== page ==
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'Mad Men' inspires 'Newsweek'

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Seems like everyone, even Newsweek magazine, wants a piece of Jon Hamm.

Newsweek editor Tina Brown announced today that in promotion for Mad Men’s fifth season premiere on March 25 (!), the magazine would be going Mad. (Well, not Mad.) Specifically, the entire publication would revert back to its 1960s design — including the advertisements.

Brown told Ad Age, “Newsweek was very much on the cultural forefront at the time of the show. It covered the events that are so much of the background for the show’s drama — the burgeoning civil rights movement, the women’s rights movement, the Vietnam War. That was Newsweek‘s cutting-edge beat and its flourishing journalistic subject. So it seemed like a wonderful marriage in a sense to take that and apply it to the magazine, to make the magazine an homage to the period.”

I don’t know about you, but if they can get advertisers on board, I might just pick up a copy. (Who am I kidding? I’ll take any excuse for more Don Draper pictures). Much like the fun that was had with television advertisements during last season’s run — with commercials, like the one for Clorox, getting in on the vintage feel — I think this idea has the potential to create the kind of buzz Newsweek so obviously needs wants.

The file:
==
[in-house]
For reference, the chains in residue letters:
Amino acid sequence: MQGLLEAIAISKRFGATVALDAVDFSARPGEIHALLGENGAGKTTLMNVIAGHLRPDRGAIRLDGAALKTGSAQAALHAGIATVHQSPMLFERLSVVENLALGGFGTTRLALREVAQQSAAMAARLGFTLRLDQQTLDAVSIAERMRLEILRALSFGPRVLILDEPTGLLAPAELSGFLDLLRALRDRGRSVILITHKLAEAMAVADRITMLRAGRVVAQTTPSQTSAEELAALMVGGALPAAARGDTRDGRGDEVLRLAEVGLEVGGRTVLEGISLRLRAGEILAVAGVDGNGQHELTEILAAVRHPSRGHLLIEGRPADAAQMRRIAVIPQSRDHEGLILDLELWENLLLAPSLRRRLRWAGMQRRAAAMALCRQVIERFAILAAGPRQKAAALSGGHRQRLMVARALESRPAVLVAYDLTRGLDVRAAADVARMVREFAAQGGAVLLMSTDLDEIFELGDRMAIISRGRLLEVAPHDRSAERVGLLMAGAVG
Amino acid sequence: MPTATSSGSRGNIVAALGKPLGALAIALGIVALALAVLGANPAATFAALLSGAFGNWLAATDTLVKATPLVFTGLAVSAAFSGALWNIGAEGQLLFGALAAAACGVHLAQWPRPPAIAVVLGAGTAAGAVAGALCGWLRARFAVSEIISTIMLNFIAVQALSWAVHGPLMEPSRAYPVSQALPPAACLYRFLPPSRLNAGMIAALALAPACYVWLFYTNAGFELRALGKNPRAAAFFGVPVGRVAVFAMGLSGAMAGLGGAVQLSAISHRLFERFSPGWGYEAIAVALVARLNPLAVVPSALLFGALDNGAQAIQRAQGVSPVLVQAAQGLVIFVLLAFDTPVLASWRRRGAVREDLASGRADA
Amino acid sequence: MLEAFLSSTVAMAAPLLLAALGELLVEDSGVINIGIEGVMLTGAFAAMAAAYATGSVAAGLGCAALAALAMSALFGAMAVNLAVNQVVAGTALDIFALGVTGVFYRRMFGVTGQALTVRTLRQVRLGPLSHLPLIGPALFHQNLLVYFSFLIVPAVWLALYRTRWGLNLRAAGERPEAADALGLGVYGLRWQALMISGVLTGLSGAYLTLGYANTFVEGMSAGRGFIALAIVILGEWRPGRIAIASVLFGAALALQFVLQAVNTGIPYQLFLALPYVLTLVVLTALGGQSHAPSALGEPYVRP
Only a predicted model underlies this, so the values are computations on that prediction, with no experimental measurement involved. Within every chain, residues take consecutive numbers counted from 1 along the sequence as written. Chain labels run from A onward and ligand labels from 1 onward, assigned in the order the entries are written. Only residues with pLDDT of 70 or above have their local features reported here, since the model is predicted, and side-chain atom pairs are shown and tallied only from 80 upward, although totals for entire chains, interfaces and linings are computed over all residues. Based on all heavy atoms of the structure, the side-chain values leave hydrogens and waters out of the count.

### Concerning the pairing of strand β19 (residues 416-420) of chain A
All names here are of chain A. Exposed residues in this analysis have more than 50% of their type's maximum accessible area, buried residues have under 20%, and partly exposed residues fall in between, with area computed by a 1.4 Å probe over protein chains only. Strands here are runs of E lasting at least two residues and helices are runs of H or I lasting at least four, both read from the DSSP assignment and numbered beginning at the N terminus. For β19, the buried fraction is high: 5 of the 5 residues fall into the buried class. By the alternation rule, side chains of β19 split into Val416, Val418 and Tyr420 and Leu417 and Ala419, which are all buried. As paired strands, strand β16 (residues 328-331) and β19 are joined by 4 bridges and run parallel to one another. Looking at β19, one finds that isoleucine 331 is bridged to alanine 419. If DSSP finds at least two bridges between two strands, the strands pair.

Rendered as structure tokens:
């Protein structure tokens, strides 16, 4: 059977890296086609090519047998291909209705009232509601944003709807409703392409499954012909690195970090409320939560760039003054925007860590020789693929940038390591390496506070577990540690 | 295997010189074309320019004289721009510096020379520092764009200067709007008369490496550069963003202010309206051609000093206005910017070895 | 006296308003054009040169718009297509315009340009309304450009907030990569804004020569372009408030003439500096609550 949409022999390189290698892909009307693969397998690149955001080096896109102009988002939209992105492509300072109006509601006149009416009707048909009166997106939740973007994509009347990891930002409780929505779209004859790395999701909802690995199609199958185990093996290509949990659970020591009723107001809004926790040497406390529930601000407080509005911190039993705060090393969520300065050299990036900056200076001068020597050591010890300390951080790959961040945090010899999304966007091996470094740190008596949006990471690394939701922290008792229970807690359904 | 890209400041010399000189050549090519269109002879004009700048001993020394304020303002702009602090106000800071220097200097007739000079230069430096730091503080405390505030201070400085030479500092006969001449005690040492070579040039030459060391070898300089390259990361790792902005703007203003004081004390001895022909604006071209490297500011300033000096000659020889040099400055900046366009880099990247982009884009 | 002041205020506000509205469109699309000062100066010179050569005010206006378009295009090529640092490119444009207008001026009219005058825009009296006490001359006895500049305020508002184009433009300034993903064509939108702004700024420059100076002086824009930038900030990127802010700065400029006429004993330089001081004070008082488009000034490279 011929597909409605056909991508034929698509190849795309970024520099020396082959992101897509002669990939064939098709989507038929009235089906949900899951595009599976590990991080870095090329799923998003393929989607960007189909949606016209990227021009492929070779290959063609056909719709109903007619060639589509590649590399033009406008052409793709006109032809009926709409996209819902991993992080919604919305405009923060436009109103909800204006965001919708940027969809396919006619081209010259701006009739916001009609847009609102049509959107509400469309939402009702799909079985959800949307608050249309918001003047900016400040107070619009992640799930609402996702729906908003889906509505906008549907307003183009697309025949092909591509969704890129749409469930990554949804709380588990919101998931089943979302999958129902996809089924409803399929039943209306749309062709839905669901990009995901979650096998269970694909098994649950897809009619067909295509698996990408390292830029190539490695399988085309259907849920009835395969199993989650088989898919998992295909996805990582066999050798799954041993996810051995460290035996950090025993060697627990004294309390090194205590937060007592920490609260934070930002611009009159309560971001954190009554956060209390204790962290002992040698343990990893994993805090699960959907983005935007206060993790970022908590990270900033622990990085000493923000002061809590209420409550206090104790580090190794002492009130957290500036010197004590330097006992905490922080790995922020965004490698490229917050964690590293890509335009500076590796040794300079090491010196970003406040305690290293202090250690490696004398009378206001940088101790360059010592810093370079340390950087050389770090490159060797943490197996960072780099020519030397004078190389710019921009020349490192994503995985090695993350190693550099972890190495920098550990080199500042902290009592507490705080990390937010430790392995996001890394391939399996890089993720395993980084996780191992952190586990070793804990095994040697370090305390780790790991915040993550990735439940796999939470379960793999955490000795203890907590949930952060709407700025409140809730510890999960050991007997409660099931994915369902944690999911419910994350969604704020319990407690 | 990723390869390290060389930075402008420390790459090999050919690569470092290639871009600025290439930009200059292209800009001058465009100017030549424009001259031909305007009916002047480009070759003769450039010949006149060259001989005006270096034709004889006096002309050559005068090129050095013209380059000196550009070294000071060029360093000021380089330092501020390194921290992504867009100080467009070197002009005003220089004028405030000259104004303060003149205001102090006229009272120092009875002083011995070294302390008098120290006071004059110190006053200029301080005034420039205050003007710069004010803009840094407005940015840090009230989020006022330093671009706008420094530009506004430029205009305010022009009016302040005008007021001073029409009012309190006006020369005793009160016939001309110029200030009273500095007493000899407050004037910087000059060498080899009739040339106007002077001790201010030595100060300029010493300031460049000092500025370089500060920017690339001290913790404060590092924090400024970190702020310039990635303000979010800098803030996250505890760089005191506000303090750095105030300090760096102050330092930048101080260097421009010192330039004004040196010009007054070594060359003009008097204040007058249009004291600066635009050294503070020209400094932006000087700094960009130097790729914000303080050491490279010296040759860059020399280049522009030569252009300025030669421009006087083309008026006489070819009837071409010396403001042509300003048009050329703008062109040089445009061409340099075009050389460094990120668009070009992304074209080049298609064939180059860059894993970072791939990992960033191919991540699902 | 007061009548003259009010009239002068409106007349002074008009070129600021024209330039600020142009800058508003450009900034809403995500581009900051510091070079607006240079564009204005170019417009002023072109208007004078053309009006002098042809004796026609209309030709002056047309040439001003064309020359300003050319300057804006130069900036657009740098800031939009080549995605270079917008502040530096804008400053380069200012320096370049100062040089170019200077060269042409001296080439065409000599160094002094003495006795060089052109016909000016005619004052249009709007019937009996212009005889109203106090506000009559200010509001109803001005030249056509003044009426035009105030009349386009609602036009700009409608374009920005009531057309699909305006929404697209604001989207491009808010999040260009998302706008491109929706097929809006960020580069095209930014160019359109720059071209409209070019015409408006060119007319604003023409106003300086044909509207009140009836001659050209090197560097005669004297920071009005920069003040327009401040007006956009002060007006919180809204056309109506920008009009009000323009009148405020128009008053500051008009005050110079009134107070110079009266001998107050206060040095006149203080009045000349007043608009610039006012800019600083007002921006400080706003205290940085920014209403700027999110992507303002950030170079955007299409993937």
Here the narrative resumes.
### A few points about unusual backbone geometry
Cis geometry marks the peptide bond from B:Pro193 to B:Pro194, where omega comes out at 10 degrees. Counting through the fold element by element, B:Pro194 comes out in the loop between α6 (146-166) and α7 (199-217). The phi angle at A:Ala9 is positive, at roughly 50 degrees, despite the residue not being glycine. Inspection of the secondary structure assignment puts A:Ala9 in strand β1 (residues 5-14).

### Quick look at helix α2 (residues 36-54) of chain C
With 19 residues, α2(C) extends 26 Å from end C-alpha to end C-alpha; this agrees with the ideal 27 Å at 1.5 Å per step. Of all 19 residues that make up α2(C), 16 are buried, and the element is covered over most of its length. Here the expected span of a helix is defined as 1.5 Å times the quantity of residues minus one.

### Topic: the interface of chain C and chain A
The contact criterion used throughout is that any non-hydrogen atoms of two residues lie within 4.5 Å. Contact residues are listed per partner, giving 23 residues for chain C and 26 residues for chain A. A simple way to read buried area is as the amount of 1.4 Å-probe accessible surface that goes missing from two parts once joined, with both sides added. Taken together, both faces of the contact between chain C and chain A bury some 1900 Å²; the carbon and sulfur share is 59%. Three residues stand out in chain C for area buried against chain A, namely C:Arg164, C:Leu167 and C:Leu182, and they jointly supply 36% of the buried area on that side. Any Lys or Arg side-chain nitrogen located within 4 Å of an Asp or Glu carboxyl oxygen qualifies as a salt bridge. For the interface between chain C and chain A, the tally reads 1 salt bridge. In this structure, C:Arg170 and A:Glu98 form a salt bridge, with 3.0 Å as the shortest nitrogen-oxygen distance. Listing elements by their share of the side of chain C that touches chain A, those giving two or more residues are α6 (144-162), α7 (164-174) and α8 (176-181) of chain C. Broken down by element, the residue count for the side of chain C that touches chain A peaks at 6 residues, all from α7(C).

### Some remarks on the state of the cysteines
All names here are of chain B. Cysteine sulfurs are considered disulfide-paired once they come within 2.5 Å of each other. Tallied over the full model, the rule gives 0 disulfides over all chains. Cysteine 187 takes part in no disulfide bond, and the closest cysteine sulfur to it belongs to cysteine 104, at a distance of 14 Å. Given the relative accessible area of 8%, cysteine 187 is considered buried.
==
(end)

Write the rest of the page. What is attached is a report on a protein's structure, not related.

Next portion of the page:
It’s no secret Newsweek has seen better days. But at least Mad Men seems like a more organic concept than the magazine’s other recent attention-grabbing attempts, like the fake photo of Princess Diana and Kate Middleton, or Michele Bachmann with the crazy eyes.

Of course, this is 2012, so some Mad Men mainstays are going to be tossed right off Madison Avenue. Sorry, Lucky Strike: Much like Sterling Cooper Draper Pryce, Newsweek no longer accepts cigarette advertisements. I’m also curious how they’ll temper or manipulate the rampant sexism that appeared in so many older ads. On Mad Men the sexism is subverted and also part of a larger point that the program is making. So I don’t expect a “vintage-inspired” ad for cleaning supplies, but with all the excitement over what Joan and Betty wear, fashion ads seem like the natural, safe choice.

I’m excited to see if they’re able to pull this ‘blast from the past’ off. Do you like the idea, or does it not feel right for a news magazine? (Esquire must be kicking itself.) Will you pick up a copy of 2012-meets-1965 Newsweek?

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